West Texas Intermediate has been gaining since its history-making crash in the U.S. last month, trading at around $25. Brent crude has been practically soaring, touching $30 in London. They can’t match the criollo barrel in Argentina, though — $45 guaranteed, no matter what.
That dream price doesn’t actually exist, but it could soon. The administration of President Alberto Fernandez has circulated a proposal to set $45 as the per-barrel mandate in a bid to keep the domestic drilling business alive and sustain development of the vast Vaca Muerta shale formation during the demand-killing coronavirus pandemic.
Energy markets are rarely left to their own devices in Argentina, to the frustration of many in the industry, and past governments have used controls to shield the local energy business from global price swings. It’s happened so often that there’s a name for it, the criollo barrel, or creole in English. In Argentina, creole means home-grown.
It’s always controversial, pitting producers against refiners and criticized by economists as the kind of protectionism that’s counter-productive in the long term and creates chaos in the supply chain. But the government and drillers see it as vital in an unprecedented crisis.
“This is an opportunity moment,” said David Tawil, interim chief executive officer of Centaurus Energy Inc., an independent producer with shale assets. “Argentina shouldn’t squander the progress made in Vaca Muerta — this is a time when the government can make strides.”
Right now, oil in Argentina is commanding about $20 a barrel. The calculation is that $45 would be close to break-even for fields across the country.
“If we don’t do it, the big danger is that when things get back to normal, perhaps in a year, and prices rebound we don’t have production going and we have to import crude,” Matias Kulfas, the country’s production minister, said in a radio interview on May 5. “That’s why we’re looking to provide certainty going forward.”
Of course, $45 oil would only be a boon for producers if there were buyers. There aren’t. Argentina’s strict lockdown to tackle Covid-19 has crushed fuel consumption, as it has around the world.
With at least three of the country’s major refineries all but closed and storage facilities filled to the brim, drillers are tightening output, exporting at a loss and paying small fortunes to stockpile aboard tankers.
The criollo barrel’s return would give producers comfort. If they knew now that they would be reaping $45 a barrel later, when demand rebounds, they would be less aggressive in pulling back operations.
Beneficiaries would include independents Pluspetrol SA and Vista Oil & Gas. In theory, a fixed price should also appeal to the multinationals that, over the past year or so, have been upping their stakes in the Argentine shale game in Vaca Muerta: Royal Dutch Shell Plc, Exxon Mobil Corp. and ConocoPhillips.
For long-term planning, global drillers typically prefer market prices, however low, to the vagaries of government intervention. The Fernandez administration looks at things differently.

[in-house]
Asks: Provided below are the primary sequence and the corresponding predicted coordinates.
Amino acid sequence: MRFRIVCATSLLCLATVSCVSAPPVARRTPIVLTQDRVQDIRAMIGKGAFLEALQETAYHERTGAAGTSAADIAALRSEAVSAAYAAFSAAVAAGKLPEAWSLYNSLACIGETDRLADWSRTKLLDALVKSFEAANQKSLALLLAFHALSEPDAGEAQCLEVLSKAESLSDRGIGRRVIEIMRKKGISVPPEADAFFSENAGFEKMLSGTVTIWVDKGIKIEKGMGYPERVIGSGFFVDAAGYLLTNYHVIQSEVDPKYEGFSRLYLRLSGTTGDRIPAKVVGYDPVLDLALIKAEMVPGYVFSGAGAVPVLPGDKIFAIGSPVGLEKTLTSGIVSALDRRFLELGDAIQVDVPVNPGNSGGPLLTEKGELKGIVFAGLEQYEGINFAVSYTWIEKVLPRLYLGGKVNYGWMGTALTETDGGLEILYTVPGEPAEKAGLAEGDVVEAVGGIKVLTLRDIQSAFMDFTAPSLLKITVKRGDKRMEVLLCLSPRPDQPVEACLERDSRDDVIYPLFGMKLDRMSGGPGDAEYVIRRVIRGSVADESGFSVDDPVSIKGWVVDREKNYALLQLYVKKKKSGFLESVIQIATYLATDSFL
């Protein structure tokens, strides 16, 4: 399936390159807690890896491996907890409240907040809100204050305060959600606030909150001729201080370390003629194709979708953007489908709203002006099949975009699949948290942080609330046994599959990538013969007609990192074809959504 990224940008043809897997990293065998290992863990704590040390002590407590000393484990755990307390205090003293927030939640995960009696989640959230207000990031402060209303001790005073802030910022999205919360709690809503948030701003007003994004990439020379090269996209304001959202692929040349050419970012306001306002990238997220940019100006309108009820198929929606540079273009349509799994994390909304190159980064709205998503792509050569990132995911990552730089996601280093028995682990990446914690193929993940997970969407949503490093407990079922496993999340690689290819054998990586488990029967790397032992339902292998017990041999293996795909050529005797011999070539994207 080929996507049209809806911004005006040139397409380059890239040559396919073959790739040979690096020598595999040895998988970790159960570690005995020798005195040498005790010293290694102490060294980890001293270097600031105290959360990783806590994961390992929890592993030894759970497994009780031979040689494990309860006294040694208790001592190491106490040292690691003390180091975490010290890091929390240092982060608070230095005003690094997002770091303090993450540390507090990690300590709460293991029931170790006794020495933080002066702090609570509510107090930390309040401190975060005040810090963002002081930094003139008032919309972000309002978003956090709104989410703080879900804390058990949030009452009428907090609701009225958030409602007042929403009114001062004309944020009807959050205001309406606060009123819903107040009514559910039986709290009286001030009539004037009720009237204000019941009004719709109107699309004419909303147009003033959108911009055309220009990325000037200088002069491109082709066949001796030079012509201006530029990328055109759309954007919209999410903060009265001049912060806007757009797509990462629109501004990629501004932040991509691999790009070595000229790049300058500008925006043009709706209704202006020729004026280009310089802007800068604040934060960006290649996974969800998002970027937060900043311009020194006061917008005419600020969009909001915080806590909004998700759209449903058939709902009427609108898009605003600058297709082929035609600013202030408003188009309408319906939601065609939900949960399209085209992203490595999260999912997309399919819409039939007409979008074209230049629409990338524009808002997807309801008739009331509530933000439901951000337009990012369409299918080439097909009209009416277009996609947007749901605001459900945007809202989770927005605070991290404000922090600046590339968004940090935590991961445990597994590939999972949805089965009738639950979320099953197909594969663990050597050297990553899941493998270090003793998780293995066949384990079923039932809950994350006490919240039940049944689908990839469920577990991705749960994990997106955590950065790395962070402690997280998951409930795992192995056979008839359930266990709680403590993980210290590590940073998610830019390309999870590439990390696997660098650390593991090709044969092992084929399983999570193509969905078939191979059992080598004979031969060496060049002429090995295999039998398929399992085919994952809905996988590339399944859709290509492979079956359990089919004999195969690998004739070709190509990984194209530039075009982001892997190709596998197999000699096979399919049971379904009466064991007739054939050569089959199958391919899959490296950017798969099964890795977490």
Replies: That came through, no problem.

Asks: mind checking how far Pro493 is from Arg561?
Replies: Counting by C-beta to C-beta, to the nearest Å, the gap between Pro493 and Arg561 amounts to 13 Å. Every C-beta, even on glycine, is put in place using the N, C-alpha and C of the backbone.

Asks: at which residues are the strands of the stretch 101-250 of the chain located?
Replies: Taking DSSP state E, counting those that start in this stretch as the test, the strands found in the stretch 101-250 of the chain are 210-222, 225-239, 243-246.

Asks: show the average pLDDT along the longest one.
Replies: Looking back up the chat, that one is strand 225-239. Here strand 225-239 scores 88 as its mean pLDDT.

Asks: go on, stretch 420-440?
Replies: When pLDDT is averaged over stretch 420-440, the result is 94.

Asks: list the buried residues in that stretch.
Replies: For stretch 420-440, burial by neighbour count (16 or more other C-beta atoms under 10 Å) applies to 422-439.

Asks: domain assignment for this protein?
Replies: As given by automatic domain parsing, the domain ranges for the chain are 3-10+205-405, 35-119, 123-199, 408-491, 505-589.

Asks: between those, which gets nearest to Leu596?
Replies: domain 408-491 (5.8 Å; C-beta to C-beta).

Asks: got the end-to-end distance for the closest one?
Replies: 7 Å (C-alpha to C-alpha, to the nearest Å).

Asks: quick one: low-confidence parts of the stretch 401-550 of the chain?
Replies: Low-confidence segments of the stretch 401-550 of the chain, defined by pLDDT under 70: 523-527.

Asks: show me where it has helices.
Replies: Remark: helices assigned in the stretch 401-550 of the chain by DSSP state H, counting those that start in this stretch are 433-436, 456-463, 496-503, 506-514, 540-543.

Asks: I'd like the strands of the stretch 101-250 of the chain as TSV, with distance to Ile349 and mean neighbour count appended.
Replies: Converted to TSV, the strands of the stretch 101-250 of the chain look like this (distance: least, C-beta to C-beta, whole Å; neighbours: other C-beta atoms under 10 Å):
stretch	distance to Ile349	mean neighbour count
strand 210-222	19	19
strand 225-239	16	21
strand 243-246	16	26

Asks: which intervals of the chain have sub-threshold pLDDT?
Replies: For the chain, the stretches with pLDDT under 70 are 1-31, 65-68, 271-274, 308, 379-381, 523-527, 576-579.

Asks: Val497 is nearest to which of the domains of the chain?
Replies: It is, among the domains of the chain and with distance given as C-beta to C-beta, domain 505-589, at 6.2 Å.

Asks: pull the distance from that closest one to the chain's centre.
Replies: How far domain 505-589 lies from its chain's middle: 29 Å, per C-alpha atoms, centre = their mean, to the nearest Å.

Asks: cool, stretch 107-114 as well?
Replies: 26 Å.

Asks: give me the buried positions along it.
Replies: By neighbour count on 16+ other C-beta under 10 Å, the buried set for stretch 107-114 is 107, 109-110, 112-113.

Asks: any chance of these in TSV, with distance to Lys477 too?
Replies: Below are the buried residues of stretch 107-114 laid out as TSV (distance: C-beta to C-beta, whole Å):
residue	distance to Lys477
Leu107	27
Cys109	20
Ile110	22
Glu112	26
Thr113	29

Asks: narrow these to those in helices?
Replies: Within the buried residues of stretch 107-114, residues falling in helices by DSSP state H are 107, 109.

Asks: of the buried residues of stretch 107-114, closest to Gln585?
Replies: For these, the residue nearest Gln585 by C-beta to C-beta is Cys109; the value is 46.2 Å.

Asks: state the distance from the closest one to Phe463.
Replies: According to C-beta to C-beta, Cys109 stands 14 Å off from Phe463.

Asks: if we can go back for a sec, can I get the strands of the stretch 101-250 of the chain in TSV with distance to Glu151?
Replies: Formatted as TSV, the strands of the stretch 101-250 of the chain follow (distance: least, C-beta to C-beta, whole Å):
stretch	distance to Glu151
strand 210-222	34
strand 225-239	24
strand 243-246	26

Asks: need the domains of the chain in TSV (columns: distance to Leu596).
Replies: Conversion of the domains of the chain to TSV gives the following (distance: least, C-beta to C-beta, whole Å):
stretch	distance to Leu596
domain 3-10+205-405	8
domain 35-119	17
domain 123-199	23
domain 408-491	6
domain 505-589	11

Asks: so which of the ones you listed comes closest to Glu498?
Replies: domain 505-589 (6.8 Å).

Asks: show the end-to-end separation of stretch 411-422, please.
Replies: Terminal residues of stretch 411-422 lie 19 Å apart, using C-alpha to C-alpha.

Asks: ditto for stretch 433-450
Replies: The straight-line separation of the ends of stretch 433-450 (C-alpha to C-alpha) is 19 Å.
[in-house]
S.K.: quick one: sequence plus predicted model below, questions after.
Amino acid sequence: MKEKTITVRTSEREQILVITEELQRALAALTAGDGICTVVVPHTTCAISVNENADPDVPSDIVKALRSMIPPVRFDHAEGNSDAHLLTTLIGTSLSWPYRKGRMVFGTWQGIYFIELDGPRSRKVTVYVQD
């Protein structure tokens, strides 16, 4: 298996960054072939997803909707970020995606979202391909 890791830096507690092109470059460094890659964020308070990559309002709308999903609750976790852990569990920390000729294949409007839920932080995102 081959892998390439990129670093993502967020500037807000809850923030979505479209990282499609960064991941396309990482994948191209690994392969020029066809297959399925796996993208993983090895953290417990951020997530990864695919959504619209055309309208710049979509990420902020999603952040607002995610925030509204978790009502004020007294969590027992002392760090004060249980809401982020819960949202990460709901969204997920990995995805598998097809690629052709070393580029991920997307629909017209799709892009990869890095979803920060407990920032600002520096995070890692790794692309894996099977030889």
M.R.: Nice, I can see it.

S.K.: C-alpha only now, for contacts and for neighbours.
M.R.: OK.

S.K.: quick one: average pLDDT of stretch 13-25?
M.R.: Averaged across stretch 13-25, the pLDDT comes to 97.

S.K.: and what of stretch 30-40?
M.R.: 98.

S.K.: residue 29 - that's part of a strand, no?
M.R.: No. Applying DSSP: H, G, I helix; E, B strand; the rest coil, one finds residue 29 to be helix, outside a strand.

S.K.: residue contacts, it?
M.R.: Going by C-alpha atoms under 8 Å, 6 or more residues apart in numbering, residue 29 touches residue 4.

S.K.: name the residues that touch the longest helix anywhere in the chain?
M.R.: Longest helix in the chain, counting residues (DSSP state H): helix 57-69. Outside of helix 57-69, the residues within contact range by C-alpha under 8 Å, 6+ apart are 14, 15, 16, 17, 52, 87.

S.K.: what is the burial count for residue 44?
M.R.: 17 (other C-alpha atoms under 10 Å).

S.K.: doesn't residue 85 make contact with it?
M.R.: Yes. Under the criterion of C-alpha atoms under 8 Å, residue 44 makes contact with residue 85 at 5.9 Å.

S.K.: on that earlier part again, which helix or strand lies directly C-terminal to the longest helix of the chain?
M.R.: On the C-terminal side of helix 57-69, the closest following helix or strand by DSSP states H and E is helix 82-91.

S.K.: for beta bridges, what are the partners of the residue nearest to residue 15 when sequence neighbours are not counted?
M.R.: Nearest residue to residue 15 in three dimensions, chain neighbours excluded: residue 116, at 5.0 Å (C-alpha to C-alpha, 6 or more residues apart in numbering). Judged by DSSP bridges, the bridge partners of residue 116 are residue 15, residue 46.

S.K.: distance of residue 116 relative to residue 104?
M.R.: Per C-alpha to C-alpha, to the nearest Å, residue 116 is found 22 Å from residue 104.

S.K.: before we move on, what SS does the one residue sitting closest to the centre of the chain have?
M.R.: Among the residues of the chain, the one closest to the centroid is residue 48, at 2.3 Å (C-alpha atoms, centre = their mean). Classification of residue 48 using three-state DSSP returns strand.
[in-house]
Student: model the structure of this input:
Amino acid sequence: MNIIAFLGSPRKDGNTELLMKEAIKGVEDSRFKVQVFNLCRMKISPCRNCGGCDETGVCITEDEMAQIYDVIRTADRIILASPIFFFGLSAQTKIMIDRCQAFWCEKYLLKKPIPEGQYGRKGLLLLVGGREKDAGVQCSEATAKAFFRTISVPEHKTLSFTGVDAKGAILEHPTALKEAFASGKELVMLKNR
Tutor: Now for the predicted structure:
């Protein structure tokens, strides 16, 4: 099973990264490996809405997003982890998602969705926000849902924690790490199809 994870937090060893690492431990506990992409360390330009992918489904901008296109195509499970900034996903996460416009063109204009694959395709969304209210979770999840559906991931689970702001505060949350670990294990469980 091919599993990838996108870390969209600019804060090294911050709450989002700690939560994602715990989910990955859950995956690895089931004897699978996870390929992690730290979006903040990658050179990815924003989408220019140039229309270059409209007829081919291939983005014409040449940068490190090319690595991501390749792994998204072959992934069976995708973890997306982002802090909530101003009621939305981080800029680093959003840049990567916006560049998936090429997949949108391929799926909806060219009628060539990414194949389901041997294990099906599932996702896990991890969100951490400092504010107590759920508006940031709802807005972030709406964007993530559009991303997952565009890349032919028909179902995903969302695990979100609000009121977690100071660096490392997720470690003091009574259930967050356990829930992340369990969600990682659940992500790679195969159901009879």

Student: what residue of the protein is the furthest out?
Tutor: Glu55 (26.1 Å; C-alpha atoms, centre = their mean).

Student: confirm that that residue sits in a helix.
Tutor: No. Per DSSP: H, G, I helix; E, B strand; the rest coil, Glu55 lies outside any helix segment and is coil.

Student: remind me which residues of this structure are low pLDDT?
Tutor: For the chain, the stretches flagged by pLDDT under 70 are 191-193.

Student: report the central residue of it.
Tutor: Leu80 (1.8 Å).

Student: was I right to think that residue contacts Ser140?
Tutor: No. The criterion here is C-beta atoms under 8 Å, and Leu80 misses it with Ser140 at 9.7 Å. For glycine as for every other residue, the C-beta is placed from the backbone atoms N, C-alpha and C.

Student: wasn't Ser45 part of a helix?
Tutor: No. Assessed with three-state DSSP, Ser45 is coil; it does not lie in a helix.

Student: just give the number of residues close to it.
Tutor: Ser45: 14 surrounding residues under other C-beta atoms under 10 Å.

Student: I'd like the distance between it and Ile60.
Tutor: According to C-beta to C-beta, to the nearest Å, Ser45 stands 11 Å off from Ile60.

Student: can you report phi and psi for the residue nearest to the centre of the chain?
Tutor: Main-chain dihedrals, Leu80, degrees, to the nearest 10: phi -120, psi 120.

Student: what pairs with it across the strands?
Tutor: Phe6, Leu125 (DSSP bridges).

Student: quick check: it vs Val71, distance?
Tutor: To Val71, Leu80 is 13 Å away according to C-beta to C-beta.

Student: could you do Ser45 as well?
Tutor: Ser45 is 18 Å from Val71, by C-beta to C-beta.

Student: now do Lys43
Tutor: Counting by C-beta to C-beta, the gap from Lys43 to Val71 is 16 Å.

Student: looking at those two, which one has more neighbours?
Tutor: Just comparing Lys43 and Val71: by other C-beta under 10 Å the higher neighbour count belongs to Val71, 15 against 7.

The burgeoning shale fields in Vaca Muerta — a trove beneath a desert in Patagonia that may hold more hydrocarbons than the Permian Basin in the U.S. — could provide a huge revenue stream for a nation in the throes of financial chaos.
“Argentina needs to have a long-term vision of Vaca Muerta because right now it could go either way,” said Miguel Galuccio, the founder of Vista who guided the nation’s first incursions into shale several years ago as head of YPF SA. “Creole pricing is the way to keep all companies alive — to make sure we get past all the wild animals in our path — and come through the other side.”
Total crude output last year averaged 556,000 barrels a day, making Argentina a minnow producer on the world stage. Of that, only 63,000 barrels a day were exported, though among them were the first cargoes in at least a decade of light Medanito oil, the type that comes out of Vaca Muerta.
Artificial prices would also benefit key allies of the federal government: oil-producing provinces. They include Neuquen, nestled against the Andes and home to most of Vaca Muerta’s acreage, and Chubut, a producer of heavy crude that it exports from an Atlantic port. They need the royalties charged to drillers to pay off oil-backed bonds and prop up spending. Since royalties are calculated as a percentage of crude prices, the crash has been devastating to local revenues.
Then there’s YPF, the state-run company that has led development so far in Vaca Muerta. It’s a producer, a refiner and a retailer, with control of more than half of Argentina’s gasoline and diesel markets. The best equation for YPF, which trades in New York, is cheap crude and expensive fuel.
So YPF has pushed back against the criollo barrel. It doesn’t want to have to pass such an increase on at the pump; raising gasoline prices would enrage its millions of customers. The government, keen to tame inflation, might not allow that anyway.
Together with Argentina’s other major refiners — Brazil’s Raizen SA and Pan American Energy — YPF has sought to appease the oil provinces and keep the criollo barrel at bay, said a person familiar with the matter: They’ve offered governors royalty payments based on crude priced at $38 to $42 a barrel, no matter the reality.
That wouldn’t help producers, who are lobbying hard to persuade the government to intervene on the prices they receive. One of their arguments is that tens of thousands of oil-field jobs could be protected. Labor unions like the idea even if they can’t quite follow the logic.
“If there’s nobody to buy the oil,” said Guillermo Pereyra, a trade-union leader in Neuquen, “how will higher prices help?”